# If Z = x + i y   and w = (1-z i ) / (z-1) and |w| =1 , then find the locus of Z.

12 years ago

putting z=x+iy in w gives        w=[(1+y)-ix]/[(x-1)+iy]

on solving gives: w=[(1+y)-ix]*[(x-1)+iy] / [(x-1)2+y2]

= {(x-y-1) -i(x(x-1)+y(y+1))} / [(x-1)2+y2]

as |w|=1 , so {(x-y-1)2 + (x(x-1)+y(y+1))2} = [(x-1)2+y2]2

on solving the above equation, we have

2x3+2y3+2xy(x+y)-2x2-2xy+2(x+y) = 0

which is (x+y).(x2+y2-2x+2) =0  is the locus of Z

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regards

Ramesh

12 years ago

1. A lot of problems in complex numbers become easy when you do not put z = x+iy. Most of the problems can be solved by geometric interpretation or by algebraic manipulation.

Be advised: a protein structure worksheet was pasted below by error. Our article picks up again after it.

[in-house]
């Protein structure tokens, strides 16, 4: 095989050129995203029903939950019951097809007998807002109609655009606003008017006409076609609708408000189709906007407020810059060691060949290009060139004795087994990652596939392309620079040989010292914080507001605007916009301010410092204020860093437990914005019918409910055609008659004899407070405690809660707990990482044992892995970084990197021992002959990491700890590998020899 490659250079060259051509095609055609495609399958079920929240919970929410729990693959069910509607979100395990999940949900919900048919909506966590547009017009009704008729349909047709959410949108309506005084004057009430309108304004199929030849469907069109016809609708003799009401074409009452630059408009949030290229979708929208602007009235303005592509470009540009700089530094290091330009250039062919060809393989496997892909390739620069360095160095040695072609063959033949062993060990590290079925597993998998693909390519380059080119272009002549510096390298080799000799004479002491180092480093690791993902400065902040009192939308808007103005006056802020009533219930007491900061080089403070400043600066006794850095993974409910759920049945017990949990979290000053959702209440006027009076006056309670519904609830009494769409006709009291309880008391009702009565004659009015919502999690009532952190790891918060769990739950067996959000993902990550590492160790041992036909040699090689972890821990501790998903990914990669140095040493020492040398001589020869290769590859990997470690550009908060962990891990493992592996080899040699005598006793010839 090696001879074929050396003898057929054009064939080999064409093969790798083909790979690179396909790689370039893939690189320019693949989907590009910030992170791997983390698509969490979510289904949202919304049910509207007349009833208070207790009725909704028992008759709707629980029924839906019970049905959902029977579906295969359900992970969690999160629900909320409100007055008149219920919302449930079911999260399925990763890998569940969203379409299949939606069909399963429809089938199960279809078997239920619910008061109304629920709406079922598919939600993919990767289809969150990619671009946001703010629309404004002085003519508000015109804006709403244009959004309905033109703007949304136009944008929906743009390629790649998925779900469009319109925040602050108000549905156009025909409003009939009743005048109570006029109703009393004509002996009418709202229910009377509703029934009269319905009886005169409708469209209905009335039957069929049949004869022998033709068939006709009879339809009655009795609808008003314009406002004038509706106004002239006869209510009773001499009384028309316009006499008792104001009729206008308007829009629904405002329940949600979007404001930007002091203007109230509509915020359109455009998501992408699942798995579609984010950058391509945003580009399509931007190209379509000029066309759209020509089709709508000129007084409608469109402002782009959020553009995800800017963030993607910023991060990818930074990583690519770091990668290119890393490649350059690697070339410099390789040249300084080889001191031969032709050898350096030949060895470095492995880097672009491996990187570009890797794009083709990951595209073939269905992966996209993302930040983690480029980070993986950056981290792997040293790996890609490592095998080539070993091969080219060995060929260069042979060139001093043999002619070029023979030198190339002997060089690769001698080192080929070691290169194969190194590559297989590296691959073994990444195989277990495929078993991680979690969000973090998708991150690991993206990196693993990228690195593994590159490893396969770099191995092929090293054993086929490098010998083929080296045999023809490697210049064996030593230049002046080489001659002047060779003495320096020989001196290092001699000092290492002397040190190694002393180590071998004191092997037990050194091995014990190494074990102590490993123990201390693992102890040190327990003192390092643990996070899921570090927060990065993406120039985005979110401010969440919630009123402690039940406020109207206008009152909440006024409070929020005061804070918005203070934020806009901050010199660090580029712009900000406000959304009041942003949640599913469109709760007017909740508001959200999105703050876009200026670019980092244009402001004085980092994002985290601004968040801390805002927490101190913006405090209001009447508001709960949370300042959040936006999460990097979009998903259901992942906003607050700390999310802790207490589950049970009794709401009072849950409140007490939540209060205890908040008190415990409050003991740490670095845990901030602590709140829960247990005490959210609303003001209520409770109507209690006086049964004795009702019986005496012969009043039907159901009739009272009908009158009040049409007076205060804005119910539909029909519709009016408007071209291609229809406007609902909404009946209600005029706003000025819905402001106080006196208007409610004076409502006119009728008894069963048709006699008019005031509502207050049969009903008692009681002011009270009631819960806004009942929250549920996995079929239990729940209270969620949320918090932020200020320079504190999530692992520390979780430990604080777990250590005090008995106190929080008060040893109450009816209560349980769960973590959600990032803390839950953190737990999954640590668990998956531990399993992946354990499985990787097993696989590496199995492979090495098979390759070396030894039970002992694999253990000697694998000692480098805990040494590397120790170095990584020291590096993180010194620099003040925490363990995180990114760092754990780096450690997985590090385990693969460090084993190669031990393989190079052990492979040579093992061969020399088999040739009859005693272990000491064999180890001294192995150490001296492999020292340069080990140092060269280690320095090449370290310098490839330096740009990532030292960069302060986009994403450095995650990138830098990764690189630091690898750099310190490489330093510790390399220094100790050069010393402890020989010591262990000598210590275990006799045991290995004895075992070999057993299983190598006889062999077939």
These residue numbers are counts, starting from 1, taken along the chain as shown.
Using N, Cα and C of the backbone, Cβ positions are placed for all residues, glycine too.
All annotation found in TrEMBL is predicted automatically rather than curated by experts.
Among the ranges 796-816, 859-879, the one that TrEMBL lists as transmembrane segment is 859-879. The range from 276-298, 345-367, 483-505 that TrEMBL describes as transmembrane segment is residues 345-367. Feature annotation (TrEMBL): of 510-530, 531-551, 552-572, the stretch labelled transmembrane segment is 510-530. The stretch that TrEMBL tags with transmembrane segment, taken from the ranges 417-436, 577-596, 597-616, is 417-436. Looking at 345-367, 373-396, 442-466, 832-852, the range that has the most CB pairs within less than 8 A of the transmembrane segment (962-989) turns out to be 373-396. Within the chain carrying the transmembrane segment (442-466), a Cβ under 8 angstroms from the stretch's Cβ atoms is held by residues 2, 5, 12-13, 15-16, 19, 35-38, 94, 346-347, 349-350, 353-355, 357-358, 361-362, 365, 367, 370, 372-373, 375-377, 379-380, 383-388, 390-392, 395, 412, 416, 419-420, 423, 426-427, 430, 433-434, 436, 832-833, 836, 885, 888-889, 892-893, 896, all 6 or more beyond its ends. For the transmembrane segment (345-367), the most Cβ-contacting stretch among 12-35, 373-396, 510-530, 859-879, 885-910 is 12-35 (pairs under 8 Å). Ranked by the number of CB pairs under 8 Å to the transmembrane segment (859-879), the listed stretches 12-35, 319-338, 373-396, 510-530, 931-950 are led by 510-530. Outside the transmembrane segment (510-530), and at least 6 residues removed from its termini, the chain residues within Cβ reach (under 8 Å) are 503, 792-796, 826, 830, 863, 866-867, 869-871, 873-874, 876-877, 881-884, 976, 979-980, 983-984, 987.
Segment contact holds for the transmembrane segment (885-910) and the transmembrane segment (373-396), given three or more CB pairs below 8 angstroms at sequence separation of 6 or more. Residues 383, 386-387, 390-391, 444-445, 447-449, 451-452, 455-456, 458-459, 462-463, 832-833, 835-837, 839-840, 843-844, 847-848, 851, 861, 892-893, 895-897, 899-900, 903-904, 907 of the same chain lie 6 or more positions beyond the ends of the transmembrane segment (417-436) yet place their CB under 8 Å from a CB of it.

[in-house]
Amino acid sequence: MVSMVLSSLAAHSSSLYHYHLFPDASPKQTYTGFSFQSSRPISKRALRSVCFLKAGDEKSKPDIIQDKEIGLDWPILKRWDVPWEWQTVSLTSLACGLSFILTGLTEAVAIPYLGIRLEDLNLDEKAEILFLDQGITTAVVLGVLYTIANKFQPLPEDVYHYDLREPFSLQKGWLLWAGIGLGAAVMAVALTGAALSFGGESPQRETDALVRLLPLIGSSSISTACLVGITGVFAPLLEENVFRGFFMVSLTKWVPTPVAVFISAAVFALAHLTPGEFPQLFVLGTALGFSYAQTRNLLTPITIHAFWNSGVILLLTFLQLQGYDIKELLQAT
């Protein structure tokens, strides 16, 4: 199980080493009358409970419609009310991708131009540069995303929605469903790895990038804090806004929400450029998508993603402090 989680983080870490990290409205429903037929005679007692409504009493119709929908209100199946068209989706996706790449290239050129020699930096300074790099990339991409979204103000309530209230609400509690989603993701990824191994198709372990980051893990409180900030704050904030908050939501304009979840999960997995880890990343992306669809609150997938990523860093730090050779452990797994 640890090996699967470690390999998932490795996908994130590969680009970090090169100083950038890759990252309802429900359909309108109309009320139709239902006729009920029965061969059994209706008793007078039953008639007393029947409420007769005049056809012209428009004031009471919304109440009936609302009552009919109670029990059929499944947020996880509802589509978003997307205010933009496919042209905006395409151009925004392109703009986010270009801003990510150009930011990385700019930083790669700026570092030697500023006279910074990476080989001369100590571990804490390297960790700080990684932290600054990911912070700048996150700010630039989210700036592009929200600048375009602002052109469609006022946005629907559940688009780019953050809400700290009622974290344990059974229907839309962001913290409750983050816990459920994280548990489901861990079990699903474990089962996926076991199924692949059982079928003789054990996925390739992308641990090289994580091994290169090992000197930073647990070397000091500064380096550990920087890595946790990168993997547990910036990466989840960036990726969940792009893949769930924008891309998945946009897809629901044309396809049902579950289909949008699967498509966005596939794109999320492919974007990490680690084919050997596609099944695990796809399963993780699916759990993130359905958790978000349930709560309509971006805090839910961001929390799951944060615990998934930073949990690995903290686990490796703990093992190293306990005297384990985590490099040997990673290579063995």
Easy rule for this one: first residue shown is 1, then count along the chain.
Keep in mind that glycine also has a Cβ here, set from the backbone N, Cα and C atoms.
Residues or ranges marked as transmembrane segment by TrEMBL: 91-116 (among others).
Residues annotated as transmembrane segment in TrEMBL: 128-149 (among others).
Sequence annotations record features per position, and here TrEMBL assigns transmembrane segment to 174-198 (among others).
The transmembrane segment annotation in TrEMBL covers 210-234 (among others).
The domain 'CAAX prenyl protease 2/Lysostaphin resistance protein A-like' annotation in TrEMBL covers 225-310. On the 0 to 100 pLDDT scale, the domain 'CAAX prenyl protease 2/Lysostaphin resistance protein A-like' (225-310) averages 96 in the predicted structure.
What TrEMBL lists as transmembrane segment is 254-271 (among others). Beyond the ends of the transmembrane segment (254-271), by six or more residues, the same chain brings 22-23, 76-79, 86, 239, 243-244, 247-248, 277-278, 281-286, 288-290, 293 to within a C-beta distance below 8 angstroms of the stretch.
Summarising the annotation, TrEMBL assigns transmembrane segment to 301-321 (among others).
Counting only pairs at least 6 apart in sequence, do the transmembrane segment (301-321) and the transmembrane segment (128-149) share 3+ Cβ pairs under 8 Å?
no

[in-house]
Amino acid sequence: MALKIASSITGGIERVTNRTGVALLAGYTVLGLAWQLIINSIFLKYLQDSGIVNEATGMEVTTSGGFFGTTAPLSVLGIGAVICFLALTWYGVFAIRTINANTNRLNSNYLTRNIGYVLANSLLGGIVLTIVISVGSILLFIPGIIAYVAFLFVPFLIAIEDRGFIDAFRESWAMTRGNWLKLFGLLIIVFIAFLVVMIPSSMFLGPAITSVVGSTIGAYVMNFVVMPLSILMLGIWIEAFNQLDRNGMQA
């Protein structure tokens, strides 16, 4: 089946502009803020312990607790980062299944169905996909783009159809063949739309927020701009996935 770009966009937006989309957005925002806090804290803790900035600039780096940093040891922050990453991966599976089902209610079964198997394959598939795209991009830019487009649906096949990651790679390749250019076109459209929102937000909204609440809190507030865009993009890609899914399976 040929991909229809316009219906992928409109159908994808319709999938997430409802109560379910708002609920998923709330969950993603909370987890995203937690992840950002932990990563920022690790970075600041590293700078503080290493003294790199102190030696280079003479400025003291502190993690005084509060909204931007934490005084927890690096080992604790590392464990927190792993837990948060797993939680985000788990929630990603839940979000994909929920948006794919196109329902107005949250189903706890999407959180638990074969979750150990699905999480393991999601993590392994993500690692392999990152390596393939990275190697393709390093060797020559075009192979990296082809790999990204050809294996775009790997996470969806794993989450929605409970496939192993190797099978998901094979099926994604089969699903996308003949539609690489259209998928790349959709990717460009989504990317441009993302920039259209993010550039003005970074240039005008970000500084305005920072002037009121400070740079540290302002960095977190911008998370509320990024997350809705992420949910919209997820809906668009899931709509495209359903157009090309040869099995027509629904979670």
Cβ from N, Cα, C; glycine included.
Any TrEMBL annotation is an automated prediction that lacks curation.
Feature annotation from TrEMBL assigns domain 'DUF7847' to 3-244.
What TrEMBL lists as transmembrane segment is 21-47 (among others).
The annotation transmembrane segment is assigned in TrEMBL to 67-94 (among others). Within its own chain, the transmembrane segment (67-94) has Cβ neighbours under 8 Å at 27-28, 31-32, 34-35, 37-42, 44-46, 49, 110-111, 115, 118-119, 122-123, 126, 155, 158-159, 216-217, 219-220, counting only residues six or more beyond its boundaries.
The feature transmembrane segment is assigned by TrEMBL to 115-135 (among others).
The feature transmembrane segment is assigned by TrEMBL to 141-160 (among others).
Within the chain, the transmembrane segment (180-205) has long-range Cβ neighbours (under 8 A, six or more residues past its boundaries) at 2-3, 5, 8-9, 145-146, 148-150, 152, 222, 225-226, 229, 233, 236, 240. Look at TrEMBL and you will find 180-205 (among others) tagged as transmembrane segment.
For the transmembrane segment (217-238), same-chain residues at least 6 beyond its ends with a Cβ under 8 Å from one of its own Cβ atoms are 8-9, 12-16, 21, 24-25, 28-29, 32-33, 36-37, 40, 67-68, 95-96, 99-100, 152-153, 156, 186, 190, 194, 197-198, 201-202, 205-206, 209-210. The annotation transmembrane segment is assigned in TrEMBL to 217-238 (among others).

2. In the previous post it has been said that the locus is (x+y)(x2+y2-2x+2) = 0. Does this correspond to any familiar geometrical object (be careful with the answer)?

Shorter solution: |1-zi| = |zi-1| = |i(z+i)| = |i| |z+i| = |z+i|.

So the given equation is |z+i| = |z-1|.

This is geometrically interpreted as: the point z is equidistant from (1,0) and (0,-1).

The locus of points equidistant from two given points is the perpendicular bisector of the line joining the two points which is nothing but the line x+y = 0

So what about the term (x2+y2-2x+2) seen in the previous thread?